Chevrolet Volt vs. Nissan Leaf

By dancurranjr On December 24th, 2010

The plug-in hybrid 2011 Chevrolet Volt and the all-electric 2011 Nissan Leaf both arrive in dealer showrooms in fall 2010.  Both have been making headlines for months.  Will they both be winners or will one leave the other in the dust?

Let’s compare the two.

Price to buy —  Both vehicles quality for a $7,500 tax rebate

Nissan Leaf — $32,780

Chevrolet Volt – $41,000

Leasing cost —

Nissan Leaf – $349 a month for 36 months, with $2,000 down

Chevrolet Volt – $350 a month for 36 months, with $2,500 down

Leasing avoids sticker shock, and also avoids owning if the technology does not live up to its promise by the time the lease is up.  Notice, I am not using the word ‘lemon’.

Size —

Nissan Leaf – four passenger compact

Chevrolet Volt – four passenger mid-size.  According to the New York Times, the Volt has less head and leg room than the $17,000 Chevrolet Cruze

Fuel mileage and range —

Nissan Volt — has a range of just under 100 miles before it needs recharging

Chevrolet Volt — also can travel about 40 miles on pure electric power, but extended range gas engine provides up to 500 miles.  The Volt requires premium gas, which detracts from fuel savings,

Recharging —  Both vehicles can be charged overnight on a standard 120-volt outlet, in four to six hours on a heavy duty 240-volt

First GM Volts and Nissan Leafs Delivered

By dancurranjr On December 19th, 2010

Just a couple of weeks after GM had originally planned, customers are starting to receive the new Chevrolet Volt, a plug-in hybrid that uses battery power for 35 miles, before a gasoline generator kicks in to extend the car’s range. The first to get the car is a retired airline pilot, who picked up his Volt today in New Jersey.

He traded in his old Toyota Prius, which could perhaps be read as a ceremonial changing of the guard as GM bests Toyota to the plug-in hybrid market. But it also makes one wonder how much the new car will hurt sales of existing hybrids, rather than the market for gas guzzling cars. GM shipped the first 360 Volts to California, Texas, Washington DC, and New York this week.

Last Friday, the first Nissan Leaf, an all-electric car with an estimated range per charge of 73 miles, was delivered to an entrepreneur in California. His last vehicle was an electric bike.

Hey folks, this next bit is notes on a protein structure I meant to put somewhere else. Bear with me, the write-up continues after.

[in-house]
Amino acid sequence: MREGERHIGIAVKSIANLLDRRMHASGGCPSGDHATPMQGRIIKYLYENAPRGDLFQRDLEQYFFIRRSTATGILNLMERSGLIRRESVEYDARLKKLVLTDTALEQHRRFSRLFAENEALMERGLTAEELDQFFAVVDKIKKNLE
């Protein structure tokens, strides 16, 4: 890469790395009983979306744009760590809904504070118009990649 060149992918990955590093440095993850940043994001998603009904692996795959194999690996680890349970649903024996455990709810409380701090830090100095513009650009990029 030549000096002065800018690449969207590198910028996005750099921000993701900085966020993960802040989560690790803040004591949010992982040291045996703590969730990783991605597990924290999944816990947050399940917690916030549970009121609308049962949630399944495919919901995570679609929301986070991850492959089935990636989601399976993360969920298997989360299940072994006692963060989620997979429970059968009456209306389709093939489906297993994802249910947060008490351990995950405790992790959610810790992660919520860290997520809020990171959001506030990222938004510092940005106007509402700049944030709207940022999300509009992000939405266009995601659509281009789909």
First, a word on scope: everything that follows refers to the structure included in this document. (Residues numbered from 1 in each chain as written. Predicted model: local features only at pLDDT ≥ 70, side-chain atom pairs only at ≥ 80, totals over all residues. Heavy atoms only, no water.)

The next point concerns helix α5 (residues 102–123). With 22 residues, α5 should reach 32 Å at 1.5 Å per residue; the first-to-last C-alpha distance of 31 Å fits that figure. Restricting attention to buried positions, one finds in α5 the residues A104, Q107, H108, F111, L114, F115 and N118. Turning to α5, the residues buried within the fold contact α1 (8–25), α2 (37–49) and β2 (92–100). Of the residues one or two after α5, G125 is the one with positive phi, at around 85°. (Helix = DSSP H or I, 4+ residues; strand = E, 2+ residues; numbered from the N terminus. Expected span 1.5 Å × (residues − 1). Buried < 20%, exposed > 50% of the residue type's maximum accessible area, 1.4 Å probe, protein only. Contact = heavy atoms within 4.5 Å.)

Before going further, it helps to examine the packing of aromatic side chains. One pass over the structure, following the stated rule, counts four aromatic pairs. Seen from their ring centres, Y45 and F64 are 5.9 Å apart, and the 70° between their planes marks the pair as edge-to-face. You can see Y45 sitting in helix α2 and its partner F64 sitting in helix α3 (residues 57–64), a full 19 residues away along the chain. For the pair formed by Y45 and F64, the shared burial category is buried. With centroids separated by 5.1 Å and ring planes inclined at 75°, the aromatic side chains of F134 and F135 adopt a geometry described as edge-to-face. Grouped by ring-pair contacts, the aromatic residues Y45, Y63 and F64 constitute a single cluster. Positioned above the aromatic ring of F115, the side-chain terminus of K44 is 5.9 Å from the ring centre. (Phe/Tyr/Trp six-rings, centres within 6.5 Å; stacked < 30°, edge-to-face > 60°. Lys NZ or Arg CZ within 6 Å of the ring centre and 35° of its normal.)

SOURCE: Technology Reviews

GM CEO Calls Toyota Prius a Geek-Mobile, Touts Chevrolet Volt

By dancurranjr On December 16th, 2010

The chief executive officer of General Motors used a public appearance Friday to slam the Toyota Prius hybrid, calling the car a “geek-mobile” that he would never want to drive.

The comment by Dan Akerson, who recently took the reins at GM, was partly a tough-talking way to focus attention on his own company’s new electric offering, the Chevrolet Volt.

But the fighting words may also have been a way to say, loudly, that GM is standing tall again. After going through bankruptcy, a government bailout, and a bruising battle with Toyota over which will be the world’s top carmaker, Mr. Akerson’s tone is as important as his specific words.

GM is back on offense.

Taking a page from some execs in the high-tech industry, Akerson bluntly disparaged a rival’s product.

“We commonly refer to the geek-mobile as the Prius. And I wouldn’t be caught dead in a Prius,” Akerson said at the Economic Club of Washington, as reported by Associated Press. Speaking of the Chevy Volt, he added: “This actually looks good.”

GM bills the plug-in Volt, soon to arrive in showrooms, as the “world’s first electric vehicle with extended range capability.”

The Volt faces competition not only from gas-elecric hybrids like the Prius, but also from the fully electric Nissan Leaf.

In his speech, Akerson focused on GM’s comeback trail since the financial crisis and the related plunge in US auto sales.

At the beginning of December, the company said sales of its four core brands, collectively, are up 22 percent so far this year, compared with the same 11 months in 2009. Progress has come in all categories: cars, trucks, and “crossover” sport-utility vehicles.

GM has also made progress toward exiting from a government bailout, raising money recently with a stock offering that moves it toward ownership by private-sector investors and a trust for retired assembly line workers. Akerson used the podium in the nation’s capital to thank US taxpayers for helping the company survive.

Akerson said the company still faces a challenge retaining top talent and called for an end to executive-pay caps that the government has imposed on companies recieving federal bailouts.

Toyota, for its part, sold 4,400 fewer vehicles in the US in November than it did during the same month last year. Although Toyota still rivals GM for leadership in the global car market, recall woes have slowed its advance.

In the US, Toyota ranks third in sales, with 15 percent of the market this year compared with 19 percent for GM and 16.5 percent for Ford.

Whatever Akerson thinks of the Prius, it still has some fans. Toyota sold 10,224 Prius units last month, up 2 percent from last November. By comparison, GM had only four models that sold 10,000 or more units in November, all from Chevy: the Malibu, Impala, Equinox, and Silverado.